Can I get back 20 mph of swing speed? Probably not, but maybe some with technology and more with stretching and weight training.

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3W? I just want to throw this out there if I hadn't already. The Cobra F9 3W is the only one I've ever been able to hit off the deck.

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On 4/4/2020 at 10:21 PM, Bonvivant said:

I know what you mean. The 11.75 wood LD shafts are almost identical to carbon. I think that Predator even advertises that the Z is the same as the Revo in terms of deflection. It's cool that you made the switch after so many years. I am by far the youngest on my league team and none of them are every going to make the switch because they are so comfortable with what they have. They are all in their 50s and 60s whereas I am only 31 and new to pool.

I don't think that the pool players that aren't going to switch would deny the superiority of LD or carbon, same as I wouldn't in golf, but it really is a feel thing. I can't seem to hit an iron that doesn't have a thin top-line and tiny sole, and I am not a good golfer by any means. If I take out my Eye2s, I hit far more crap shots than my SSBR or my gamers. Just can't seem to get over the giant face and large offset. It messes me up something fierce. Perhaps this is what the OP has going with him too.

I play pool in the UK, but it's not the same game. We use cues with very small tips in order we can get the various spins we need, I have no idea how you lot can play with broom sticks you use 

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2 minutes ago, Mr Puddle said:

I play pool in the UK, but it's not the same game. We use cues with very small tips in order we can get the various spins we need, I have no idea how you lot can play with broom sticks you use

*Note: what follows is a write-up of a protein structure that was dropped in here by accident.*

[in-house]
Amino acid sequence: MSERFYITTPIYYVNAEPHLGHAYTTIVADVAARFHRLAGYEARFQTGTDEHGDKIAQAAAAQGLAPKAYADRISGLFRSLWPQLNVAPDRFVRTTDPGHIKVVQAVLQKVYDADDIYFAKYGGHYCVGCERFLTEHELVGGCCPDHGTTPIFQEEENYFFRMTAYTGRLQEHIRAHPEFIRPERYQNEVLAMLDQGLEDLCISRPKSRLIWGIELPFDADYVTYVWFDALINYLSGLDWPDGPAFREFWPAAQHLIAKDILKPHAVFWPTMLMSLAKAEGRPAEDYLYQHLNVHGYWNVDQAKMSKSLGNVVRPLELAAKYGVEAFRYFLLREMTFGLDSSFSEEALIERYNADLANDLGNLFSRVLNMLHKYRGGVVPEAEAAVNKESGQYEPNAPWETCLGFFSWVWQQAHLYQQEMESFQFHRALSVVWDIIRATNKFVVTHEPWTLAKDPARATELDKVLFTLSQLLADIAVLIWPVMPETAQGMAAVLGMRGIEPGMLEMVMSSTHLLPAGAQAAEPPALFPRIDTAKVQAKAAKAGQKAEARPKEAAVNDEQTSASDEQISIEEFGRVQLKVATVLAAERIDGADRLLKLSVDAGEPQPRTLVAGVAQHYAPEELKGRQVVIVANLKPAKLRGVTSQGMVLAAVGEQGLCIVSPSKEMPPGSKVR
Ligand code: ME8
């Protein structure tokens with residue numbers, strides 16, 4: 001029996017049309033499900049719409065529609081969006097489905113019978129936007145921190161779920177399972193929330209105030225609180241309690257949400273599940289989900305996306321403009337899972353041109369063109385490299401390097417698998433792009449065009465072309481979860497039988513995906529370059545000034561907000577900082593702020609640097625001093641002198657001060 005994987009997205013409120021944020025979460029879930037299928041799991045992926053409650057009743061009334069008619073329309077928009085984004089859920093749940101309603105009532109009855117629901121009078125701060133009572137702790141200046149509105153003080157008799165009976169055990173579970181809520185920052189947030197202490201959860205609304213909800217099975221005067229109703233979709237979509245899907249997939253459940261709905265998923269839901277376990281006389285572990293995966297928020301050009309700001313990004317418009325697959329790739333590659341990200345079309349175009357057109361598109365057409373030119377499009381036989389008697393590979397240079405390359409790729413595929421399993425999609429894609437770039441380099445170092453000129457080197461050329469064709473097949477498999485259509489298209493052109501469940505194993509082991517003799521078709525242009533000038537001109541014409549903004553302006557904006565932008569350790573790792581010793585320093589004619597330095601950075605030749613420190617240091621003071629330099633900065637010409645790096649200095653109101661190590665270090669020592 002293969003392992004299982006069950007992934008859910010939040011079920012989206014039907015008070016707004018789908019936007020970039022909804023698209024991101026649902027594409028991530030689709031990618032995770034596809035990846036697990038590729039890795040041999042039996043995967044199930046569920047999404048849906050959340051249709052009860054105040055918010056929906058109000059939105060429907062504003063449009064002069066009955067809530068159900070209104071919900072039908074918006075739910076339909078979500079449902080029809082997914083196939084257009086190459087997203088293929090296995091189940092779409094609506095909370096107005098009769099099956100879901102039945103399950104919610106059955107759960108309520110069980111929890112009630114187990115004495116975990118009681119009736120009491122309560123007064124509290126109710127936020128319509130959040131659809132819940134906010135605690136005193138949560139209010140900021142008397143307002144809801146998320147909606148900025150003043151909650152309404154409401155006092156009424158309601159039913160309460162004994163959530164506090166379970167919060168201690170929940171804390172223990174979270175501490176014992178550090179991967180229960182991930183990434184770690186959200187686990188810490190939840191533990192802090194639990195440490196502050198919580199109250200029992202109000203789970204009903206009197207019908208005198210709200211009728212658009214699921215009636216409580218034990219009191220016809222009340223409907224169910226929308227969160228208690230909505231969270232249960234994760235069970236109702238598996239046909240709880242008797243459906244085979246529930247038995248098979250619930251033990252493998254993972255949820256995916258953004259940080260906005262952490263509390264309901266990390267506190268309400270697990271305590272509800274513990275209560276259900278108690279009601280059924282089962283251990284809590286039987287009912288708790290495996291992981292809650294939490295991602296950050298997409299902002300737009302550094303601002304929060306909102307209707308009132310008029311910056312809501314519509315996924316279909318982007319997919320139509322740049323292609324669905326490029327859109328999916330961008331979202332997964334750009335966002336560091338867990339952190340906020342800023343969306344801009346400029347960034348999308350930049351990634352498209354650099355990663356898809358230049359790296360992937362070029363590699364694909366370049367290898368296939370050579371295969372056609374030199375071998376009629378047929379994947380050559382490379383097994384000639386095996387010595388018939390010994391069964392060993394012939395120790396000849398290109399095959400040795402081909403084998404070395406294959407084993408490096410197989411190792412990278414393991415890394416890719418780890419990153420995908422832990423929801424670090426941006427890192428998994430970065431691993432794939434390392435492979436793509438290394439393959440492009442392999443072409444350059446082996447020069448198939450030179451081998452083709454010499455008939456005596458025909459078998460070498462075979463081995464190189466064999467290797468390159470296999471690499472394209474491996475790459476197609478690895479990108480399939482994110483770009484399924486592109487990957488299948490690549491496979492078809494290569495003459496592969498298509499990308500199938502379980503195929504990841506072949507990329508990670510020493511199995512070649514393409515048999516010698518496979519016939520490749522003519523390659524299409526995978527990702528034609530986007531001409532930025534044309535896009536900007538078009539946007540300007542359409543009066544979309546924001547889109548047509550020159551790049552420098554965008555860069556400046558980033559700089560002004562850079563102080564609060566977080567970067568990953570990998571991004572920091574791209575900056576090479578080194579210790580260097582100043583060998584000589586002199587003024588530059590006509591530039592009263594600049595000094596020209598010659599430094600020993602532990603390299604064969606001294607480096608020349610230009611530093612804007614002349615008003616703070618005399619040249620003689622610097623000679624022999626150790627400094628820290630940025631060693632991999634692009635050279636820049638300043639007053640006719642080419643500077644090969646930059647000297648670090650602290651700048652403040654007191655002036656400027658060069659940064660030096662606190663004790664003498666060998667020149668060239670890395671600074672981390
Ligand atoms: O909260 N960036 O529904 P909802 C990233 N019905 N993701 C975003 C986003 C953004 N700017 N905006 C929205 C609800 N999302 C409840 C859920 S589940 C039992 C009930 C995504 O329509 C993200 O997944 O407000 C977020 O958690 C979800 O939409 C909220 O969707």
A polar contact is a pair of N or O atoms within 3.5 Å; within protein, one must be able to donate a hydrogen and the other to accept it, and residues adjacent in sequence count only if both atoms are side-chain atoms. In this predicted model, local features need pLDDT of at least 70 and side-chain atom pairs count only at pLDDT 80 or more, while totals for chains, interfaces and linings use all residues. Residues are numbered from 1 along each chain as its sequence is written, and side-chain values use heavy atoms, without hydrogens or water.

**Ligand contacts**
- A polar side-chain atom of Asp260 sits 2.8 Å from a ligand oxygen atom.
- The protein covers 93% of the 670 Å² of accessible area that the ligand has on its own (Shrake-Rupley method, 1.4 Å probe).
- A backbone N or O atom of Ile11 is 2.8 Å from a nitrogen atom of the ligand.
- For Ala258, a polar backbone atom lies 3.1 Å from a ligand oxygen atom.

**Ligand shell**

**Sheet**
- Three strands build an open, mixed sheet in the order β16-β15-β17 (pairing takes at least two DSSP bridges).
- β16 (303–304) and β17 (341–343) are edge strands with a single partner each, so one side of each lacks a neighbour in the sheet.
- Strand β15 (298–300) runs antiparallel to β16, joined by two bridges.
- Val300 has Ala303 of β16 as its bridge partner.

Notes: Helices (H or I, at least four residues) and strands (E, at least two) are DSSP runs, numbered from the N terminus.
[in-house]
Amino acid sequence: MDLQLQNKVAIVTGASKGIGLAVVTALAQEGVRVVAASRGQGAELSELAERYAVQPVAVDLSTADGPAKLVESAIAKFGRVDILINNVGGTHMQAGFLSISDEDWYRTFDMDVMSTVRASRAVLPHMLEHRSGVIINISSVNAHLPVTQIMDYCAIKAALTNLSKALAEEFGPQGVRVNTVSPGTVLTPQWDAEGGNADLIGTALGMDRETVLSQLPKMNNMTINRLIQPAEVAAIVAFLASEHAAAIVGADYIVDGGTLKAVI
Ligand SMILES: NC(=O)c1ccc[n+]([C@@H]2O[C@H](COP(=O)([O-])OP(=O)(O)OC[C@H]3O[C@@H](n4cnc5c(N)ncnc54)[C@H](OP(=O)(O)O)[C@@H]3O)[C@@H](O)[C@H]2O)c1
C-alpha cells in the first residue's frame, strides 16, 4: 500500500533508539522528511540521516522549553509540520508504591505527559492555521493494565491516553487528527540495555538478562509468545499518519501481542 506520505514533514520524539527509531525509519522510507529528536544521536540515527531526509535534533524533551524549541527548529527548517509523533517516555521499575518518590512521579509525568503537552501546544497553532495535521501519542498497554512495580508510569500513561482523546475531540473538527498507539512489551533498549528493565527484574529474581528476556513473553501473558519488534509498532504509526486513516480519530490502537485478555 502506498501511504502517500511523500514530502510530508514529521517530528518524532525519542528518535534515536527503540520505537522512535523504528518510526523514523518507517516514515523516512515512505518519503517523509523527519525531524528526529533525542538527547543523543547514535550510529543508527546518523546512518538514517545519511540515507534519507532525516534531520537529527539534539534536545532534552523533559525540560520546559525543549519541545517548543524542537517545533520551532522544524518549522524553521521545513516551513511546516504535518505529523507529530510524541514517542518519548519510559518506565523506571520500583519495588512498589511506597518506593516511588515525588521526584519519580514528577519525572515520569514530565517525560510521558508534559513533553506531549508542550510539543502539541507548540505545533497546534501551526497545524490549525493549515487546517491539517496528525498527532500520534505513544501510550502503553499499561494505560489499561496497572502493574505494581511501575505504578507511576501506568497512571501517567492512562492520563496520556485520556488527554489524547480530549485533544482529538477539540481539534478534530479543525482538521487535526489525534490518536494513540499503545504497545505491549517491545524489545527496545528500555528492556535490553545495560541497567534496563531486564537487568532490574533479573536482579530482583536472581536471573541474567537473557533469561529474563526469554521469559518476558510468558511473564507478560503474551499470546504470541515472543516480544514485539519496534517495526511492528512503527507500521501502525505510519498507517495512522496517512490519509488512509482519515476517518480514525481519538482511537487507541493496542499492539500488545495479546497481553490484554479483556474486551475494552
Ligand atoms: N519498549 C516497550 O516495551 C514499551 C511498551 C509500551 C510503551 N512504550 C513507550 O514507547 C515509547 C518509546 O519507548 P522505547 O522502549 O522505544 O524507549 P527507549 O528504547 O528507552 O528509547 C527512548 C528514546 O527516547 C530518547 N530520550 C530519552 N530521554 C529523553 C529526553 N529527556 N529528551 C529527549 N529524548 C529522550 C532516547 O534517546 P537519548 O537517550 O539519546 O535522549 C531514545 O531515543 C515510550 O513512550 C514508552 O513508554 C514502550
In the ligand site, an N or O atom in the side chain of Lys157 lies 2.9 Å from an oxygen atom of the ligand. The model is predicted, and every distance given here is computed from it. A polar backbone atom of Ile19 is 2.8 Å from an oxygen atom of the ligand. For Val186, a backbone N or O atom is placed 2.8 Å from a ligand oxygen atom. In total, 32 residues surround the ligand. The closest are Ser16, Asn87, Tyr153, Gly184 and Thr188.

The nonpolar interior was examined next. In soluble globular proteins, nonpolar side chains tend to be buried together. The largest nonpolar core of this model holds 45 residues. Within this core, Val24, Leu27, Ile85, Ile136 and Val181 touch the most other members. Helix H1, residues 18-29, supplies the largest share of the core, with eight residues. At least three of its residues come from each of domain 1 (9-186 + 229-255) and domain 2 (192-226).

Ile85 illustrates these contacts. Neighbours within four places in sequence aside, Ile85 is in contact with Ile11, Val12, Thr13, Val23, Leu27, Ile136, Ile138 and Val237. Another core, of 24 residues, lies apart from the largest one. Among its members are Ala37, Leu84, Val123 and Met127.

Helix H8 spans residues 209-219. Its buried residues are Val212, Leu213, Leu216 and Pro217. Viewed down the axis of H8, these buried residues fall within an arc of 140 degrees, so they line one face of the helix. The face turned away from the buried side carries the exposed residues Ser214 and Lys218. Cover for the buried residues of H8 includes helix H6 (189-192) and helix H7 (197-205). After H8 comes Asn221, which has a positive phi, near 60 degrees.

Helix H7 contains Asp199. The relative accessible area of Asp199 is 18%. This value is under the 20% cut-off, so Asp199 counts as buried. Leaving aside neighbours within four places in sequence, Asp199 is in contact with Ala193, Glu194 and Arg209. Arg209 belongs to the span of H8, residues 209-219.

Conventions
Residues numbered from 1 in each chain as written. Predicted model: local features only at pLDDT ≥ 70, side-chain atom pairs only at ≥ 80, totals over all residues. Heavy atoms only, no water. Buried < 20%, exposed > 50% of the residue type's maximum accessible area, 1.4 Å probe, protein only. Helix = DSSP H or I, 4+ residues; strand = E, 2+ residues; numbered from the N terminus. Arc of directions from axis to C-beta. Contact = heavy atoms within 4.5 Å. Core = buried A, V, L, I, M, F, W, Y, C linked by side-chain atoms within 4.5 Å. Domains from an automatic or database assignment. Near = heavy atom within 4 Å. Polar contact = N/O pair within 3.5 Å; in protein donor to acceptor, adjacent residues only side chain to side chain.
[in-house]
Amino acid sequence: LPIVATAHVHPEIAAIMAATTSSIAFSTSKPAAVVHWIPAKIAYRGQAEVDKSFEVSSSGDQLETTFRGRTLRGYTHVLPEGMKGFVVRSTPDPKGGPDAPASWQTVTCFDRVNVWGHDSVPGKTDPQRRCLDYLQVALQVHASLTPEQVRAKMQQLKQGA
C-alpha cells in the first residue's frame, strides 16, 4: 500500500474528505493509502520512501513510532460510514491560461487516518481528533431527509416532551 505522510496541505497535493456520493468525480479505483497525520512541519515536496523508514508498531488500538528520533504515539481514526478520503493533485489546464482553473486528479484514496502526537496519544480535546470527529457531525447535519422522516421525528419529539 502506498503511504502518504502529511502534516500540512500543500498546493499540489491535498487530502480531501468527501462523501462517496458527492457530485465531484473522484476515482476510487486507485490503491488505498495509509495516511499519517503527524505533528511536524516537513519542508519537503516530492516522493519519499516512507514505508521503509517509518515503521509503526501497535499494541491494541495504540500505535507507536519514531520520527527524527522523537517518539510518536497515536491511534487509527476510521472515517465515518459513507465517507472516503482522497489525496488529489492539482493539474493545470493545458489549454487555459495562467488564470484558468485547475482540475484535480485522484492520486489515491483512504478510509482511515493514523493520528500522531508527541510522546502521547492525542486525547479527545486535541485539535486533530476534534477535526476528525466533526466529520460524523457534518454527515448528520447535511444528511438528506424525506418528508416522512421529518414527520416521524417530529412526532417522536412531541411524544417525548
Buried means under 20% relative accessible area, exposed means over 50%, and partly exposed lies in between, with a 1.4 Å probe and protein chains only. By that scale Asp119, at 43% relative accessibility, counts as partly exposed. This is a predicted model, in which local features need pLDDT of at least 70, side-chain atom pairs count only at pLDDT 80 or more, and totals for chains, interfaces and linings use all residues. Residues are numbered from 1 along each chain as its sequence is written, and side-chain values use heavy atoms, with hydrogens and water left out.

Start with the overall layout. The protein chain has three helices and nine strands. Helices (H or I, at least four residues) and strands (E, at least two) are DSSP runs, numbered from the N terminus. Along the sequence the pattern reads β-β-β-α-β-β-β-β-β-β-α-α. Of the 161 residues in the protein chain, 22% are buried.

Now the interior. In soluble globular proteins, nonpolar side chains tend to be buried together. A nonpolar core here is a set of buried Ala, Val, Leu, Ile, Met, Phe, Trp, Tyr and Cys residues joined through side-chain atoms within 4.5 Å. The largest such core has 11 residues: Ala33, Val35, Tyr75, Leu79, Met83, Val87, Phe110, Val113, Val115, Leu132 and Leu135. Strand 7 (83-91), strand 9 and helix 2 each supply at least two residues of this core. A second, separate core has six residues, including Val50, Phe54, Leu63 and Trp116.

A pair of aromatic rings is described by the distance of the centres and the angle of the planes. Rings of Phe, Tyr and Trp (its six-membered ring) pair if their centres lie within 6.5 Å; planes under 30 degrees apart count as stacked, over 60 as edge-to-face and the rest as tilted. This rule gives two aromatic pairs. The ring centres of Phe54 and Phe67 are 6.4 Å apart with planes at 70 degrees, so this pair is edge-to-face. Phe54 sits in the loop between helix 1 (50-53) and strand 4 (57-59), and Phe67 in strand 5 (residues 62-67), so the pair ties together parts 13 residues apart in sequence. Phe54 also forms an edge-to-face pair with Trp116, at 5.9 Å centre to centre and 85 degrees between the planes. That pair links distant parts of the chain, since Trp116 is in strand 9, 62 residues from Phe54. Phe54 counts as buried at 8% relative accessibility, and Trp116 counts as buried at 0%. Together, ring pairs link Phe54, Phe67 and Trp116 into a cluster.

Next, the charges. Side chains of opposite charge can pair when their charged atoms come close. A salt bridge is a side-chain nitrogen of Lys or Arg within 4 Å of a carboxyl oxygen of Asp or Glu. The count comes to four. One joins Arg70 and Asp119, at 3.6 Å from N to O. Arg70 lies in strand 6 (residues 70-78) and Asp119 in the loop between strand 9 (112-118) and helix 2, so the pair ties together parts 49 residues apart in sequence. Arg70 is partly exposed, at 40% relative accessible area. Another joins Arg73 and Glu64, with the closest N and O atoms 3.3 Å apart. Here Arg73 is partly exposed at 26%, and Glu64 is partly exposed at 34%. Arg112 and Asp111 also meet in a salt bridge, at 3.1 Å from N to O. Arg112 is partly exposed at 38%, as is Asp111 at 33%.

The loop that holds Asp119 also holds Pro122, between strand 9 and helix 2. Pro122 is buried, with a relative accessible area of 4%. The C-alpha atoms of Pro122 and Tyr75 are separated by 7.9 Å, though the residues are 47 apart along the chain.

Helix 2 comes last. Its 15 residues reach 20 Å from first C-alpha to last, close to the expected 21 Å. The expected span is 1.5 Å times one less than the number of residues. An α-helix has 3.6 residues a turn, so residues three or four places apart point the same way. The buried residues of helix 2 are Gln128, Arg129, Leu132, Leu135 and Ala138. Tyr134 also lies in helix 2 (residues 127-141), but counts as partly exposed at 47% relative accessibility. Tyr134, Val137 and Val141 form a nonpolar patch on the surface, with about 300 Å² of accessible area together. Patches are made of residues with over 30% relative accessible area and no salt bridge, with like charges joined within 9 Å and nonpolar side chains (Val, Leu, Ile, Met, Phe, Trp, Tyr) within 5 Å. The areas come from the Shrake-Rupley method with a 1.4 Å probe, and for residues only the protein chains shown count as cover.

Lol great comment. I'm fortunate enough to have a snooker table in my town (they are very rare in the states) and I own a snooker cue. I think that the tip is 8.5mm. Quite the difference. The reason for this is ball size. American pool balls are quite a bit bigger than snooker or black-ball balls. 

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23 hours ago, Bonvivant said:

Lol great comment. I'm fortunate enough to have a snooker table in my town (they are very rare in the states) and I own a snooker cue. I think that the tip is 8.5mm. Quite the difference. The reason for this is ball size. American pool balls are quite a bit bigger than snooker or black-ball balls. 

Yes, and having watched American pool the only spin used is top spin. 

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5 hours ago, Mr Puddle said:

Yes, and having watched American pool the only spin used is top spin. 

 

5 hours ago, iacas said:

This is not remotely accurate.

Iacas is correct. I can draw/screw the cue ball a table and a half in length if i need to. 

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6 hours ago, Mr Puddle said:

Yes, and having watched American pool the only spin used is top spin. 

A lot of rookies claim that. Keep playing/watching and you’ll learn better.

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On 4/11/2020 at 11:10 AM, Mr Puddle said:

Yes, and having watched American pool the only spin used is top spin. 

Congratulations.  That may be one of the most remarkably incorrect statements I’ve ever read on the Internet!  

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On 4/10/2020 at 11:41 AM, Bonvivant said:

Lol great comment. I'm fortunate enough to have a snooker table in my town (they are very rare in the states) and I own a snooker cue. I think that the tip is 8.5mm. Quite the difference. The reason for this is ball size. American pool balls are quite a bit bigger than snooker or black-ball balls. 

This ^^^

For reference, American pool balls are 2.25 inches (57mm).  Standard snooker balls are 52.5mm.  It doesn’t sound like much, but the difference is substantial.

My playing pool cue tips are 12.5mm.  Break and jump cues 13mm.  My snooker cue is 9mm.

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I dont know if my numbers changed since going to my Srixons from my Wilson complete set, but new club confidence is real. I can say my good shots look better, but I still have the same amount of bad shots, my clubs just look better doing it.